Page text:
President Xi Jinping has personally called to get 300 million Chinese people to ski.

But it's not just influencers answering this call.

Plenty of foreign firms are also lining up to make the most of the boom that's expected to follow the Games.

Snowboarding firm Burton is one of them.

Two choices facing companies

Craig Smith, the boss of the company's China subsidiary, told the BBC Burton didn't want to "divorce" itself from the region by refusing to do business there, despite allegations of human rights abuse.

Human rights groups believe China has detained more than one million members of the Uyghur minority community against their will over the past few years in a large network of what the state calls "re-education camps", and sentenced hundreds of thousands to prison terms.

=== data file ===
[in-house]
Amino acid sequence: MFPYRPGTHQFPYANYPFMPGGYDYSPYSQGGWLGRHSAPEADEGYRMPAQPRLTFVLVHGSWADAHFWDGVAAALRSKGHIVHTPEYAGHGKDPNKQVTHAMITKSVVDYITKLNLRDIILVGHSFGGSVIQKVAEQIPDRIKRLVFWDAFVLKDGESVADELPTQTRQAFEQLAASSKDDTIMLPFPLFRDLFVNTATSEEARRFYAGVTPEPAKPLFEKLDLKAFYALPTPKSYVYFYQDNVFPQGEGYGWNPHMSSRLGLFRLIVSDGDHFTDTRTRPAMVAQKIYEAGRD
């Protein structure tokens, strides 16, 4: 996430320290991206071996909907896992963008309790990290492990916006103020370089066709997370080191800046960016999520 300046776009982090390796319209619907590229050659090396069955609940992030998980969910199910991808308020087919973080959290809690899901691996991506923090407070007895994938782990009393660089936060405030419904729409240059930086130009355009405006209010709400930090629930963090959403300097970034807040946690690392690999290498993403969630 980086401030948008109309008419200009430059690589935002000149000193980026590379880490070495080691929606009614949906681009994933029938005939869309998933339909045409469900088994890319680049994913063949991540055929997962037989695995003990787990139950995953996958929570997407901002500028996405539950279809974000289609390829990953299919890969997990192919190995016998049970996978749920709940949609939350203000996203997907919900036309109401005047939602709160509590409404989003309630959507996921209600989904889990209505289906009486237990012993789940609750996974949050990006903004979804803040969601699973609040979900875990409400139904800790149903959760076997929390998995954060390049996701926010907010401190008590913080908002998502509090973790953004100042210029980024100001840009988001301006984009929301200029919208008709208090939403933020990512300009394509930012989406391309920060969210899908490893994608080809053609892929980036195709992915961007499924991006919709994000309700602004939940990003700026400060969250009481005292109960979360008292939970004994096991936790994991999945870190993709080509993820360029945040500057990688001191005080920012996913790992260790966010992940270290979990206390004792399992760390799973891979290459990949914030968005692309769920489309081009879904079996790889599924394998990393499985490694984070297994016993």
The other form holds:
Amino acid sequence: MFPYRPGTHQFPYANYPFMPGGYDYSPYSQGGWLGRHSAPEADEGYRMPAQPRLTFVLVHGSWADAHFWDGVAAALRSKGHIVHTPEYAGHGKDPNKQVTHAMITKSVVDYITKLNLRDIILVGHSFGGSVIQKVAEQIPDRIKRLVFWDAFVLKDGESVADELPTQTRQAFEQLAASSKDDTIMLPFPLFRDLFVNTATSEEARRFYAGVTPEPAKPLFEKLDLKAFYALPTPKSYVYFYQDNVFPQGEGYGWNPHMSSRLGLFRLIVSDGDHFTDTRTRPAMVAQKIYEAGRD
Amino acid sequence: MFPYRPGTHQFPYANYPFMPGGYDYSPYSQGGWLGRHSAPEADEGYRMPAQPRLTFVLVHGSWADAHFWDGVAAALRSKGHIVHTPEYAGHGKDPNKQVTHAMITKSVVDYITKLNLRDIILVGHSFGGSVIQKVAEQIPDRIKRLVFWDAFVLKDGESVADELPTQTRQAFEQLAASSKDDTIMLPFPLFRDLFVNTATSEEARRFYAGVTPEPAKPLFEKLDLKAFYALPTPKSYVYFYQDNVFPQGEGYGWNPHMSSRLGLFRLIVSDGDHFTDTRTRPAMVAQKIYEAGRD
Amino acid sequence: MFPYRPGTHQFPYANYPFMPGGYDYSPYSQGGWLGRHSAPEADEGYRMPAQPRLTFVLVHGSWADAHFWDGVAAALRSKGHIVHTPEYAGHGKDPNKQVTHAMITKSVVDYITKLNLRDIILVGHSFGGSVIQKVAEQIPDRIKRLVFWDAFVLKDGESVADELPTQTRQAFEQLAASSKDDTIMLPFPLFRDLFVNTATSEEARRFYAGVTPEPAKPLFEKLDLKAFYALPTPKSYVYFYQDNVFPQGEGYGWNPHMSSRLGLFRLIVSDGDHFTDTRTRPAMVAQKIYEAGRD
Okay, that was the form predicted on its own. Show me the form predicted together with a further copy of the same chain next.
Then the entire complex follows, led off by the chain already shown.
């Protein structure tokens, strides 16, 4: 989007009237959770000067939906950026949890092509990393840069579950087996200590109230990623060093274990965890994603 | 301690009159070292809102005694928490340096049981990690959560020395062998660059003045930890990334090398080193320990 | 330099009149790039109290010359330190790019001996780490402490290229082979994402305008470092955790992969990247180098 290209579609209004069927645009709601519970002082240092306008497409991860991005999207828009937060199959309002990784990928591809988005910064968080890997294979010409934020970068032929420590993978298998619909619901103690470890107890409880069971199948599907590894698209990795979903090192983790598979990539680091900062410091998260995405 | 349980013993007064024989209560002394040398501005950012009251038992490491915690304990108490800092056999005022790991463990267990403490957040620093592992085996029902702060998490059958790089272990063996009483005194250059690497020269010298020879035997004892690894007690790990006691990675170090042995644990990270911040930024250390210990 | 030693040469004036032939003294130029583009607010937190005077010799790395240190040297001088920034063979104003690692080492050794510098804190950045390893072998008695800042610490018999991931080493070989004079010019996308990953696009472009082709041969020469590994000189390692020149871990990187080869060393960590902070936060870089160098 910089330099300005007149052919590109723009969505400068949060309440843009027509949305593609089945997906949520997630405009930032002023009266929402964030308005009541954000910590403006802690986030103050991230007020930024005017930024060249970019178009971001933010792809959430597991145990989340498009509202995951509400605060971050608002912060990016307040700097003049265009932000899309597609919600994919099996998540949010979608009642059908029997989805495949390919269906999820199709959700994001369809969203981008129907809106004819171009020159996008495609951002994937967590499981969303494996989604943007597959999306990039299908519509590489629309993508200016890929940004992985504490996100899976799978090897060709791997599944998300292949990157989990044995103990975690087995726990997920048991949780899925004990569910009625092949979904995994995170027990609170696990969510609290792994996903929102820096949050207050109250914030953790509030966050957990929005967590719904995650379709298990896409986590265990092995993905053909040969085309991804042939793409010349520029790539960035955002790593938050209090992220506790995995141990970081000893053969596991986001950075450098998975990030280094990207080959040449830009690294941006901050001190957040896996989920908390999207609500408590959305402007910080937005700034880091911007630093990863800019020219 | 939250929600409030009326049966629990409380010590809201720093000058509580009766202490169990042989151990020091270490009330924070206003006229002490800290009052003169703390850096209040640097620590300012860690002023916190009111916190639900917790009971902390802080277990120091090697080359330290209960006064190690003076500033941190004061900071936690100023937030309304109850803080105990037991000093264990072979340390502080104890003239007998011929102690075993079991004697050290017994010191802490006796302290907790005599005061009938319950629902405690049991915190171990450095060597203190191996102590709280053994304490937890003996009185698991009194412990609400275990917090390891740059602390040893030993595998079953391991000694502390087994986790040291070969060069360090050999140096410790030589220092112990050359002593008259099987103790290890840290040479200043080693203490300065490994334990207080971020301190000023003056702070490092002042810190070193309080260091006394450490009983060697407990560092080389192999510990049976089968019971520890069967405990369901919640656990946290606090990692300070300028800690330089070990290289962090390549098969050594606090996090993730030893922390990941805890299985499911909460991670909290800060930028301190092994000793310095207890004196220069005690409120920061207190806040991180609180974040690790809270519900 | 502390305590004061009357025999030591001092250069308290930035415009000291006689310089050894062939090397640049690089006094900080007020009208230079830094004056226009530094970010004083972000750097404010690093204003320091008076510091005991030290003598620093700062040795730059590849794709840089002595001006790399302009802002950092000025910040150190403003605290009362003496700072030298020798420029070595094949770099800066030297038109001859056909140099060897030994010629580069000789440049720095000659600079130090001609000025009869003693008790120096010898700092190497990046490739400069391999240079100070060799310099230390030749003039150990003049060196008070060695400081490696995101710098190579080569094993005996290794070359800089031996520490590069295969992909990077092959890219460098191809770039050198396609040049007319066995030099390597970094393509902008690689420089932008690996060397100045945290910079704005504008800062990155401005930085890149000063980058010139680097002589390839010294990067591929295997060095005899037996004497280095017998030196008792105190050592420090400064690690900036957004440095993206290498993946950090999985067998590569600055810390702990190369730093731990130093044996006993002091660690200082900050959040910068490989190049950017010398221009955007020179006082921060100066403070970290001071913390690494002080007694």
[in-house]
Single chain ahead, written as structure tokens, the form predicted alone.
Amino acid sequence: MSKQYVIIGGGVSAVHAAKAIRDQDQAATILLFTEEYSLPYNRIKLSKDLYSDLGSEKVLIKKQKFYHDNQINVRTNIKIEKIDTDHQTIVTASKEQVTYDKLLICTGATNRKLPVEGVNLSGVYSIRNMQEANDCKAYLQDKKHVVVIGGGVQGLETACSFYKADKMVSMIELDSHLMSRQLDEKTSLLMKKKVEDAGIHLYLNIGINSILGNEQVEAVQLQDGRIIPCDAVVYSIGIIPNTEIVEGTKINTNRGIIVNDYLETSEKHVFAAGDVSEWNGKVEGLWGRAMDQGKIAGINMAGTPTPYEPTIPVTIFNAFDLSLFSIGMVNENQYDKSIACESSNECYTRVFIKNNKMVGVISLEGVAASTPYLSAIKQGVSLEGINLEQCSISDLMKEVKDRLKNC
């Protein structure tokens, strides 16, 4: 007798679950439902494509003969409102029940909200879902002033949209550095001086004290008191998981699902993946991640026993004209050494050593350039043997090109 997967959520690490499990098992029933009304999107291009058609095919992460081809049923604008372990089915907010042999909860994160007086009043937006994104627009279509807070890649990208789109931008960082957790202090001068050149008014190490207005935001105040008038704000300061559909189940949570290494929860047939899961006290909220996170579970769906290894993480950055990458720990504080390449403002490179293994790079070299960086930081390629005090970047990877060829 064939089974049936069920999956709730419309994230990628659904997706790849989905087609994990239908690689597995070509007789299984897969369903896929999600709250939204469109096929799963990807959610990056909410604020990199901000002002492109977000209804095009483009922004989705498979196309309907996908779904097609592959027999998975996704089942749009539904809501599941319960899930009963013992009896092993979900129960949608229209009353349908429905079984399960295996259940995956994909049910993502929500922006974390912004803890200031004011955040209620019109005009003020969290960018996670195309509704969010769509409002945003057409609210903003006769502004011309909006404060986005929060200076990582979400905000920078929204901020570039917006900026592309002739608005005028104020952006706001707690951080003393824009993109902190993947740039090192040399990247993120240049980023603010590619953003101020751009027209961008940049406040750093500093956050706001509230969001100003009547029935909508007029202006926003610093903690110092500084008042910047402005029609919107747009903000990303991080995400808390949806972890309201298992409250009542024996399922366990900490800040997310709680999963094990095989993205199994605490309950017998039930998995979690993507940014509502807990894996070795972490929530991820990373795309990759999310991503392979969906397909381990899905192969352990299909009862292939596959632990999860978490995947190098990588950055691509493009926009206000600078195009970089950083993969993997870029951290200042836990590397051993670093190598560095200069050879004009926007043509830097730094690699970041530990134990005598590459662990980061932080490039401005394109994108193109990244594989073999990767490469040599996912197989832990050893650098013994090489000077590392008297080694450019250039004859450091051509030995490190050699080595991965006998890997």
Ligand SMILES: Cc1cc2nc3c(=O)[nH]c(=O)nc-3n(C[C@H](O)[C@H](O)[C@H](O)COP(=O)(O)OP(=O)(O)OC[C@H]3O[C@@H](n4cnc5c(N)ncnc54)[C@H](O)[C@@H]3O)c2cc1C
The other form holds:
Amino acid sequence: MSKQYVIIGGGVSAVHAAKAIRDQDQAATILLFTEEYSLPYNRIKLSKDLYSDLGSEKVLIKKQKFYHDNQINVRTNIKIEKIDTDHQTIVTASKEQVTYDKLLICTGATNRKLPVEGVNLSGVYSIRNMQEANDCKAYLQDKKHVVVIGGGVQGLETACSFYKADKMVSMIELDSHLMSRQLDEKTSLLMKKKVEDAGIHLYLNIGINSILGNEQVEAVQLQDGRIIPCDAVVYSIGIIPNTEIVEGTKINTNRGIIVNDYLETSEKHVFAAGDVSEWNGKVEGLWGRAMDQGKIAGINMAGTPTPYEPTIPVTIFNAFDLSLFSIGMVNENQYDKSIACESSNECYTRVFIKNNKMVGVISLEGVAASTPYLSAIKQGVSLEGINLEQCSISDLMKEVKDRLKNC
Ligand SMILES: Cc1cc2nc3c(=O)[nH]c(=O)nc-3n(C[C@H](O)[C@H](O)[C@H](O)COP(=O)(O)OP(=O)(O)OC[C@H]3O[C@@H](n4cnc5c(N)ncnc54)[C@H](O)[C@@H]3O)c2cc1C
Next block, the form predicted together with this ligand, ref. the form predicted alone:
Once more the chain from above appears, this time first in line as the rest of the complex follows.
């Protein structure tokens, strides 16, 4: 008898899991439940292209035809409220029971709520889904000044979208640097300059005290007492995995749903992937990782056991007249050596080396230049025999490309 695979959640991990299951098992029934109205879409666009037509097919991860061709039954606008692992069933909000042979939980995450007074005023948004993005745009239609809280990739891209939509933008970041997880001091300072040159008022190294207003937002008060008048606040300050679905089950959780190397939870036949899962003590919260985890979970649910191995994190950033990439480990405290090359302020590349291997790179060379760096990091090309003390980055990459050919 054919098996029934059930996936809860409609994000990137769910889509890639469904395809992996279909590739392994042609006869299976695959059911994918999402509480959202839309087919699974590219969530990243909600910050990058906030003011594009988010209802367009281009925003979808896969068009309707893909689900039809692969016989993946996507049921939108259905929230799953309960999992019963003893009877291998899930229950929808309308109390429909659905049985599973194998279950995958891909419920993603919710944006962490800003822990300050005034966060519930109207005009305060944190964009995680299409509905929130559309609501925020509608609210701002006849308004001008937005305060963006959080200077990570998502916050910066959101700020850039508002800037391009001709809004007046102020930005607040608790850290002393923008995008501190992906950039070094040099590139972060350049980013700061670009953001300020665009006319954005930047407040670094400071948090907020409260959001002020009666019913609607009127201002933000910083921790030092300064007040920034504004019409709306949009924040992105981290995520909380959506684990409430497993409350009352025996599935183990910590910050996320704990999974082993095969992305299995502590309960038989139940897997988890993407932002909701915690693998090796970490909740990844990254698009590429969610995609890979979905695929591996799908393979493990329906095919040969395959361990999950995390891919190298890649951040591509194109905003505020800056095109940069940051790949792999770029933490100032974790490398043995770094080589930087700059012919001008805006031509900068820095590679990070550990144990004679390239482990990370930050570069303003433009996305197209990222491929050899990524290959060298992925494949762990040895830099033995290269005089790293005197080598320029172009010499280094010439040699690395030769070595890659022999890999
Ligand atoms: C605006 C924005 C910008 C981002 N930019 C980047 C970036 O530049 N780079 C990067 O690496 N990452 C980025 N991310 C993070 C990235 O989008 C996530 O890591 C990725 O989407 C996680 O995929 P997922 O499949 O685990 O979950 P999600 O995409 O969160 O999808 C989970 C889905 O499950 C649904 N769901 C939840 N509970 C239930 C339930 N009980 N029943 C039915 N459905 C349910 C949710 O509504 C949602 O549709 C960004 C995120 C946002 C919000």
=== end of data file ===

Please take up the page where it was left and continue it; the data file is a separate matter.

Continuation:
The BBC has reported on the mass indoctrination and incarceration of Uyghurs in large-scale camps that China initially denied the very existence of.

  • PROFILE: Who are the Uyghurs?

  • BACKGROUND: Uighur camp detainees allege systematic rape

But for companies like Burton, China is a huge part of expansion efforts.

The country is predicted to be the biggest snow sports market in the world by 2025. It is estimated that the country will see about 55 million snow sports visits every year, with many of them from China itself. It's also expected to become a global destination particularly for "bucket list" adventurers.

Watch the boss of snowboard company Burton China defend operating in the troubled region

Burton, therefore, hopes to triple its presence in China in the next few years. It already has a store in Altay, near the northern edge of Xinjiang. But the business is "secondary", Mr Smith told me. The boarders, or the "riders" as he called them, come first.